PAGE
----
This last week I got rather upset, as many other Americans have, dealing with travelling at the airports and with the TSA. Now, I know there are other problems and the other day when I gave my little talk on the House floor when I introduced legislation to deal with this, for years, decades literally, I’ve been complaining about our foreign policy, the stupidity of our foreign policy and how it causes blowback. The stupidity and the weird ideas that governments can secretly print as much money as they want, and it’s good economic policy. And we can spend at will and run up deficits at will and tax at will. I’ve complained about that for a long, long time, and they are very, very serious problems, and they have brought us to this crisis. But, believe me, what’s going on at the airports and what has happened just recently with these new rules, if we, as American citizens, put up with this, let me tell you, there’s not much hope for us. We need to stop this tyranny at the airports.
I have a little bill that I have introduced – and I am famous for not writing complicated bills, this one was about one paragraph. And what it does is it addresses the subject of sovereign immunity, which is a principle that’s been around a while and it’s out of control in Washington, but in particular with the airports. Now what would happen if everybody in this crowd would do what a TSA agent does? Out in the open go up and grope people and take nude pictures of people. I mean, what is going on here? You’d be arrested, you’d put in jail and all kinds of things. But are we going to remain complacent and say, “Oh, it’s the government, they’re allowed to do it and they’re making us safe, and therefore we have to accept it”. They tell us when we go to the airport that you have to submit because you bought a ticket. And when you buy a ticket, you’ve given up your rights. People on national television say that they believe it. Whoever heard of giving up your rights because you’ve bought an airplane ticket? I mean, it makes no sense whatsoever.
But I got to thinking, you know, if we remove the immunity, this would solve the problem at the airport, because you can’t sue anybody. We have two rules: government agents can do one thing, you and I can do other things. But one rule in a free society is that it isn’t a free society anymore if you have different rules. If government agents can do something and they have certain rules, and the people have different rules, believe me, freedom is at risk. And it isn’t only at the airports where the individuals are immune from perpetuating crime. But what about the idea of theft? Does government steal? Of course they steal. You know, if you aren’t fortunate enough to have an automobile, everybody knows you can’t go and steal an automobile from your neighbor because he has two automobiles. Fortunately, we still see that as theft. But they do not see it as theft if you send a congressman to steal the automobile and then he gets political points for it. When it’s theft by the individual, it should be theft by the government and they shouldn’t have immunity.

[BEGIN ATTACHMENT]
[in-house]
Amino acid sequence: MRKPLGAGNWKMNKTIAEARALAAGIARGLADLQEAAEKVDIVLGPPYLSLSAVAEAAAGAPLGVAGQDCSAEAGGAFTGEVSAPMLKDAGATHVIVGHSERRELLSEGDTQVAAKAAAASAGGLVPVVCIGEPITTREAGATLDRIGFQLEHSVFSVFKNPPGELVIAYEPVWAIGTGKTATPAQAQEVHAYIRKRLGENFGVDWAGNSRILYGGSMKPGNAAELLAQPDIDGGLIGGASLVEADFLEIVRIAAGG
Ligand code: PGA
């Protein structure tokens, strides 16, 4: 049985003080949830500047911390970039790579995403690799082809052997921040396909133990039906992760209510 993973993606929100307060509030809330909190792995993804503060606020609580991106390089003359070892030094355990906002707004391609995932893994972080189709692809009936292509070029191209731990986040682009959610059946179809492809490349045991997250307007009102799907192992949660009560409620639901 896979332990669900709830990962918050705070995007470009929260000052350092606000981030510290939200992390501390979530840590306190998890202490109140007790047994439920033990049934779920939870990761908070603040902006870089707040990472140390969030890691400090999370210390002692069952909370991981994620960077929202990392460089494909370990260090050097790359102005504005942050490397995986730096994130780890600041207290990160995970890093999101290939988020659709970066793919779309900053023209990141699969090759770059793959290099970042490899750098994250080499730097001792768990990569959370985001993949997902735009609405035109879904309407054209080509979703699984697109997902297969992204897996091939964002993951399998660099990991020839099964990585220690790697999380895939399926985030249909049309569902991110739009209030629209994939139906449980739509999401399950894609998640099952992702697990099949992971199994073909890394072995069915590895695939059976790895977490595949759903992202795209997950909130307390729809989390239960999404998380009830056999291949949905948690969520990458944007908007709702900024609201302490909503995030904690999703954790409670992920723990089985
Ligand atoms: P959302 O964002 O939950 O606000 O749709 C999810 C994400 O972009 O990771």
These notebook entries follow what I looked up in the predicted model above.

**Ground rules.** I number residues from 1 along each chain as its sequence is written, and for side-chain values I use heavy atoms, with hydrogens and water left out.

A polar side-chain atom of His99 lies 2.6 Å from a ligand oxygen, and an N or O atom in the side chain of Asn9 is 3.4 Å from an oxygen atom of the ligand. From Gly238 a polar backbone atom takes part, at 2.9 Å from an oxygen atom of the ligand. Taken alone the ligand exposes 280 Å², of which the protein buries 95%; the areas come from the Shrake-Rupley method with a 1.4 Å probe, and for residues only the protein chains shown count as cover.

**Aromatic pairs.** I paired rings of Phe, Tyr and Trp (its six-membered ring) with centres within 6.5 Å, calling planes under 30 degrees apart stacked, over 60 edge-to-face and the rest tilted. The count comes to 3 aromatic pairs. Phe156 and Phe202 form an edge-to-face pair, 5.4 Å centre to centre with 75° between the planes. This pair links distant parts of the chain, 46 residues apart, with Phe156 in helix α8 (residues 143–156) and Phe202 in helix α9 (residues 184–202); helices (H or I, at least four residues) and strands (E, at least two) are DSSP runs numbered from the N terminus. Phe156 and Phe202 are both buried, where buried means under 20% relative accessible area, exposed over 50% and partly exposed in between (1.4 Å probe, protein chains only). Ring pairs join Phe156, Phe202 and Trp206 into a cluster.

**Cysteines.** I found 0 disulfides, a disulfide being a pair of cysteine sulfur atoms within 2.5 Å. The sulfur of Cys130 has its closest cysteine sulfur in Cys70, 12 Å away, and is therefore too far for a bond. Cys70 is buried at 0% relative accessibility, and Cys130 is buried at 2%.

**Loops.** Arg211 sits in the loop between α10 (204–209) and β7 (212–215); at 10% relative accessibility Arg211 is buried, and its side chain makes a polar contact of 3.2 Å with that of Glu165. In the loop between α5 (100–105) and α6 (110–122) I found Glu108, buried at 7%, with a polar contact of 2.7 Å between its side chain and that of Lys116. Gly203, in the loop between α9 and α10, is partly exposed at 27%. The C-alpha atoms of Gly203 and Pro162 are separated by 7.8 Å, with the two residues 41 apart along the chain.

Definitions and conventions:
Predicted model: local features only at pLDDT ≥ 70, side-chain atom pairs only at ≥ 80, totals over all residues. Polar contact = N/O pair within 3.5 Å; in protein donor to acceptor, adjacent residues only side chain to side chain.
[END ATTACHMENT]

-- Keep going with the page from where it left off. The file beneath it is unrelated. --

Now what kind of trouble do you get into if you’re a counterfeiter? You know that’s a serious crime. They recognized in the very early part of our history – the Monetary Control Act of the 1790, too. The Currency Control Act Bill then, they passed that and they said, “No counterfeiting”, and if you did counterfeit, they gave the death penalty for counterfeiting. But here today what do we do? You go to jail if you counterfeited a federal document or a currency, which is fine and dandy. That’s obviously fraud. But why are we so complacent to turn the counterfeit machine over to a few individuals, usually one, who gets to counterfeit the currency of the world (the dollar) in secrecy, and they spend it without any supervision. They ought to lose their sovereign immunity as well.
What about those individuals in both parties for good many decades now who totally ignored the constitution and take us to war illegally, without declaration of war? Why are they allowed to do this? Why do we have a CIA that gets involved in overthrowing of governments, rigging elections around the world? Then we sit back and we wonder, “Why do they hate us”. Because we’re involved and we’re bombing and we’re killing people. You know, one of the big issues going on today is the issue of torture. We now have become a nation known for torturing. Pictures have been out there. Early on when the Abu Ghraib and Guantanamo pictures came out, we don’t see them anymore, nobody talks about them. Torture still goes on, we farm it out to other countries. But those pictures circulated around the Muslim world, and believe me, they didn’t like it. What would we think if somebody was torturing American people around the world? I mean, it would infuriate us. So what do we do? We have the information and came up and they suggested maybe ought to look into it. And this administration was supposed to do that. So they started investigating, they had some evidence that the CIA was involved. And guess what? The CIA destroyed all the evidence, and this administration will not pursue it. They excused themselves and said, “That’s it, we can’t find any evidence, there will be no prosecution”. Not one single prosecution, not one challenge to people who claim that, “Oh no, they’re not really torturing”. But it was a policy. As long as torture is policy of America, America cannot remain great.